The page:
Objectives: Hospitalization of nursing home residents is a growing, poorly defined problem. The purposes of this study were to define rates, patterns, costs, and outcomes of hospitalizations from nursing homes and to consider implications for reducing this problem as part of health care reform.
Methods: Communitywide nursing home utilization review and hospital discharge data were used to define retrospectively a cohort of 2120 patients newly admitted to nursing homes; these patients were followed for 2 years to identify all hospitalizations. Resident characteristics were analyzed for predictors of hospitalization. Charges and outcomes were compared with hospitalization of community-dwelling elders.
Results: Hospitalization rates were strikingly higher for intermediate vs skilled levels of care (566 and 346 per 1000 resident years, respectively). Approximately 40% of all hospitalizations occurred within 3 months of admission. No strong predictors were identified. Length of stay, charges, and mortality rates were higher than for hospitalizations from the community.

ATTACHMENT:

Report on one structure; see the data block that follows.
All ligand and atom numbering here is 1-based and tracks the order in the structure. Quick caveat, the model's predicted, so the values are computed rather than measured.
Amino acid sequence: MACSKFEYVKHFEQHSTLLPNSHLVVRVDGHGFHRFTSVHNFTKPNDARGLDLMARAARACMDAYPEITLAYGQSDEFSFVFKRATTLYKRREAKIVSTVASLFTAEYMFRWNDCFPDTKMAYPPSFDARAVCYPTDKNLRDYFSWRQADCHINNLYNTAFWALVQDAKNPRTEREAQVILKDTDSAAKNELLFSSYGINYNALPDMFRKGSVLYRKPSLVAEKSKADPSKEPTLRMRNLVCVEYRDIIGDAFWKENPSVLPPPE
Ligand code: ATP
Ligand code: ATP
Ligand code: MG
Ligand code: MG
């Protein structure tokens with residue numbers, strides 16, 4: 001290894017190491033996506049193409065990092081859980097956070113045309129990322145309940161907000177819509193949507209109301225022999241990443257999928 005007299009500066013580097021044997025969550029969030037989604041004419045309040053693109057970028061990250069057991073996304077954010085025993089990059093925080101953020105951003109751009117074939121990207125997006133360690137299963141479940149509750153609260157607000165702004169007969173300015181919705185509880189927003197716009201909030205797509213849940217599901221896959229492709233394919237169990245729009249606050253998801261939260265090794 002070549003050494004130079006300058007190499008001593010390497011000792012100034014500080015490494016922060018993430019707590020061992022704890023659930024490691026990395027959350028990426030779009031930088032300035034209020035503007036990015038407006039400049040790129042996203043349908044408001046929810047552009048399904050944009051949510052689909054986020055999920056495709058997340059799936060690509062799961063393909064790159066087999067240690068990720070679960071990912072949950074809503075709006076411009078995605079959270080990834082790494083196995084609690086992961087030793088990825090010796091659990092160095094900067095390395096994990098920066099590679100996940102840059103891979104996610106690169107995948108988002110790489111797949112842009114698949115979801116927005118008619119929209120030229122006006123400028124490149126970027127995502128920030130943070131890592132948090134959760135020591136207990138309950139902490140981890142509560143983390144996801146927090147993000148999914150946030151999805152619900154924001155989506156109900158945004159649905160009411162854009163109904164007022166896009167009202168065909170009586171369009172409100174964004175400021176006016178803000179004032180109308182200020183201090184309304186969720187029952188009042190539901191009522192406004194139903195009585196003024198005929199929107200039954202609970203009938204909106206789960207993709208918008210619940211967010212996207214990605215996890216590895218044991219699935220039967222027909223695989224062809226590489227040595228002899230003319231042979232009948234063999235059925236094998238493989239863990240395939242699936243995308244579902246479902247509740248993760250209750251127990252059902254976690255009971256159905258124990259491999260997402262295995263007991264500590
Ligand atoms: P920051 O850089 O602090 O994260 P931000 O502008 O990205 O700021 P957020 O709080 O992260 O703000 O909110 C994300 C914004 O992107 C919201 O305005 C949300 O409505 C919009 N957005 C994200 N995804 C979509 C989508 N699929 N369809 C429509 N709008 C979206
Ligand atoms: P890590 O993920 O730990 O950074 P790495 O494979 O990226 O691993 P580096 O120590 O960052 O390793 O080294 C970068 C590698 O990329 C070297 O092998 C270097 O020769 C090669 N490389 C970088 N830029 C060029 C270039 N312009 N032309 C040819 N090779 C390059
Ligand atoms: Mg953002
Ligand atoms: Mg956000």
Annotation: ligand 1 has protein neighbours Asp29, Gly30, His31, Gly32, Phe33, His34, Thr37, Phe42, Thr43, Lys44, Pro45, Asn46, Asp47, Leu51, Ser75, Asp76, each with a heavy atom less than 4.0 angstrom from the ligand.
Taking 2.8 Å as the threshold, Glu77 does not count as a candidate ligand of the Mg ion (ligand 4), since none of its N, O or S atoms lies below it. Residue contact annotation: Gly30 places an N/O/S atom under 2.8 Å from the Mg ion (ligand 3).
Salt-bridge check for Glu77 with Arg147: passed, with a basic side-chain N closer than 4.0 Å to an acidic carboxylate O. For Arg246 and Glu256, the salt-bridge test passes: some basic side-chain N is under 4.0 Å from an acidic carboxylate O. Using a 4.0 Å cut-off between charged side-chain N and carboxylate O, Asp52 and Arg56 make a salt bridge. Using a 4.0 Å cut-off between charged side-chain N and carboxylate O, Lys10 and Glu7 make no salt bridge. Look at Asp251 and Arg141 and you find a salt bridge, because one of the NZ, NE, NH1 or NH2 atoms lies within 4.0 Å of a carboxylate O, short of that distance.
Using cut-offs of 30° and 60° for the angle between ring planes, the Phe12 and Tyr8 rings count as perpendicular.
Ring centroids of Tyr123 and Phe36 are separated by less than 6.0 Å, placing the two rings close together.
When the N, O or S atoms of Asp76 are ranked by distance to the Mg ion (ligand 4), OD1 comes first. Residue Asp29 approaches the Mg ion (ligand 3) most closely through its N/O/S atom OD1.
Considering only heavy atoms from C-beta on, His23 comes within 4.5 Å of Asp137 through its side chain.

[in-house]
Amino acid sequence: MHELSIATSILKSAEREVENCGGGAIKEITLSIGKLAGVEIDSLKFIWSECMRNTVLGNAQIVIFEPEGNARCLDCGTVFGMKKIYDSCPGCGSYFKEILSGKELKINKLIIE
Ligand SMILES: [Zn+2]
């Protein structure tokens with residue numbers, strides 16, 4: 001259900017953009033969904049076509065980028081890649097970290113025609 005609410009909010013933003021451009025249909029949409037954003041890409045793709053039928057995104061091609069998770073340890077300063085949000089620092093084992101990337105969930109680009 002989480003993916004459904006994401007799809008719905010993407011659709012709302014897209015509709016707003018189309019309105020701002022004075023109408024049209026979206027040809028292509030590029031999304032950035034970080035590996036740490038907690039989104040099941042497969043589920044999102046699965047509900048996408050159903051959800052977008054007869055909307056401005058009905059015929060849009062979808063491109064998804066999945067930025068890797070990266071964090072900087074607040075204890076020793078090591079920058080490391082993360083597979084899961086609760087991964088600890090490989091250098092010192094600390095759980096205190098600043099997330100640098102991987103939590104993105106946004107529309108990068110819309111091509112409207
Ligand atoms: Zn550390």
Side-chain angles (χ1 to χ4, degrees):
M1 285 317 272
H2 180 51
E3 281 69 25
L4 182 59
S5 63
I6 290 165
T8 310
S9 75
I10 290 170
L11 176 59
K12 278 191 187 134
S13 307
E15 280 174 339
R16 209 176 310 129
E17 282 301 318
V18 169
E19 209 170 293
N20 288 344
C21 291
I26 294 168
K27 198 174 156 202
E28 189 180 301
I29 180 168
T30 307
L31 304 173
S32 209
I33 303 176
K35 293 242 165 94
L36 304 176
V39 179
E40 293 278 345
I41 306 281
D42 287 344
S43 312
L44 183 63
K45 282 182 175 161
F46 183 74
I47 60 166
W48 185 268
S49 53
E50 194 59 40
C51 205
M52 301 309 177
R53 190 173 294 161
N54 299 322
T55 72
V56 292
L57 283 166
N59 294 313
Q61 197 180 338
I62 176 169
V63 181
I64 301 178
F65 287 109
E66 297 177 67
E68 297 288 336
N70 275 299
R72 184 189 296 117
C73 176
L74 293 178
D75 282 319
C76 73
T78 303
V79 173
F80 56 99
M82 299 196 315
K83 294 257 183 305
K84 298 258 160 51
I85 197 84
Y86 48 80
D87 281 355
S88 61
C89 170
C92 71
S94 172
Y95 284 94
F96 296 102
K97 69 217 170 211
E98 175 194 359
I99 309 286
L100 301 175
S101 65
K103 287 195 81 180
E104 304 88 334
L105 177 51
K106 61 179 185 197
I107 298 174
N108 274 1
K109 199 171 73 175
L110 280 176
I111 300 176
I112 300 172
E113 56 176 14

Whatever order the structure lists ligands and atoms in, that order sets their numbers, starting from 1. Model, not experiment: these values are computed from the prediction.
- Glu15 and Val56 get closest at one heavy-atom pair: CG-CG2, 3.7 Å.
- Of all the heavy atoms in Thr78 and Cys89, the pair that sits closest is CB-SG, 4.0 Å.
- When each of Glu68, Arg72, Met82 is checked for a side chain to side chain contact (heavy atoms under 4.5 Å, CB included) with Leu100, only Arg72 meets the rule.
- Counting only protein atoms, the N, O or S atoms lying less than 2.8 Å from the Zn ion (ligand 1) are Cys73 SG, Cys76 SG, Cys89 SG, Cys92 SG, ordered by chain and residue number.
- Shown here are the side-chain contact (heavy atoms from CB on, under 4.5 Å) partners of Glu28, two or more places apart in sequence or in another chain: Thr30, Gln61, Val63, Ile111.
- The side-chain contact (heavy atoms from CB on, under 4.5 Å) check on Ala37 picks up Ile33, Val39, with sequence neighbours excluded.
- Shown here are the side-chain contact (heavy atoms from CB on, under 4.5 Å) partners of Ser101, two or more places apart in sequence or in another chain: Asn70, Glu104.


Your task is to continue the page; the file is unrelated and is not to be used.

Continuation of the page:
Conclusions: Hospitalizations from nursing homes are not easily predicted but may in large part be prevented through health care reforms that integrate acute and longterm care.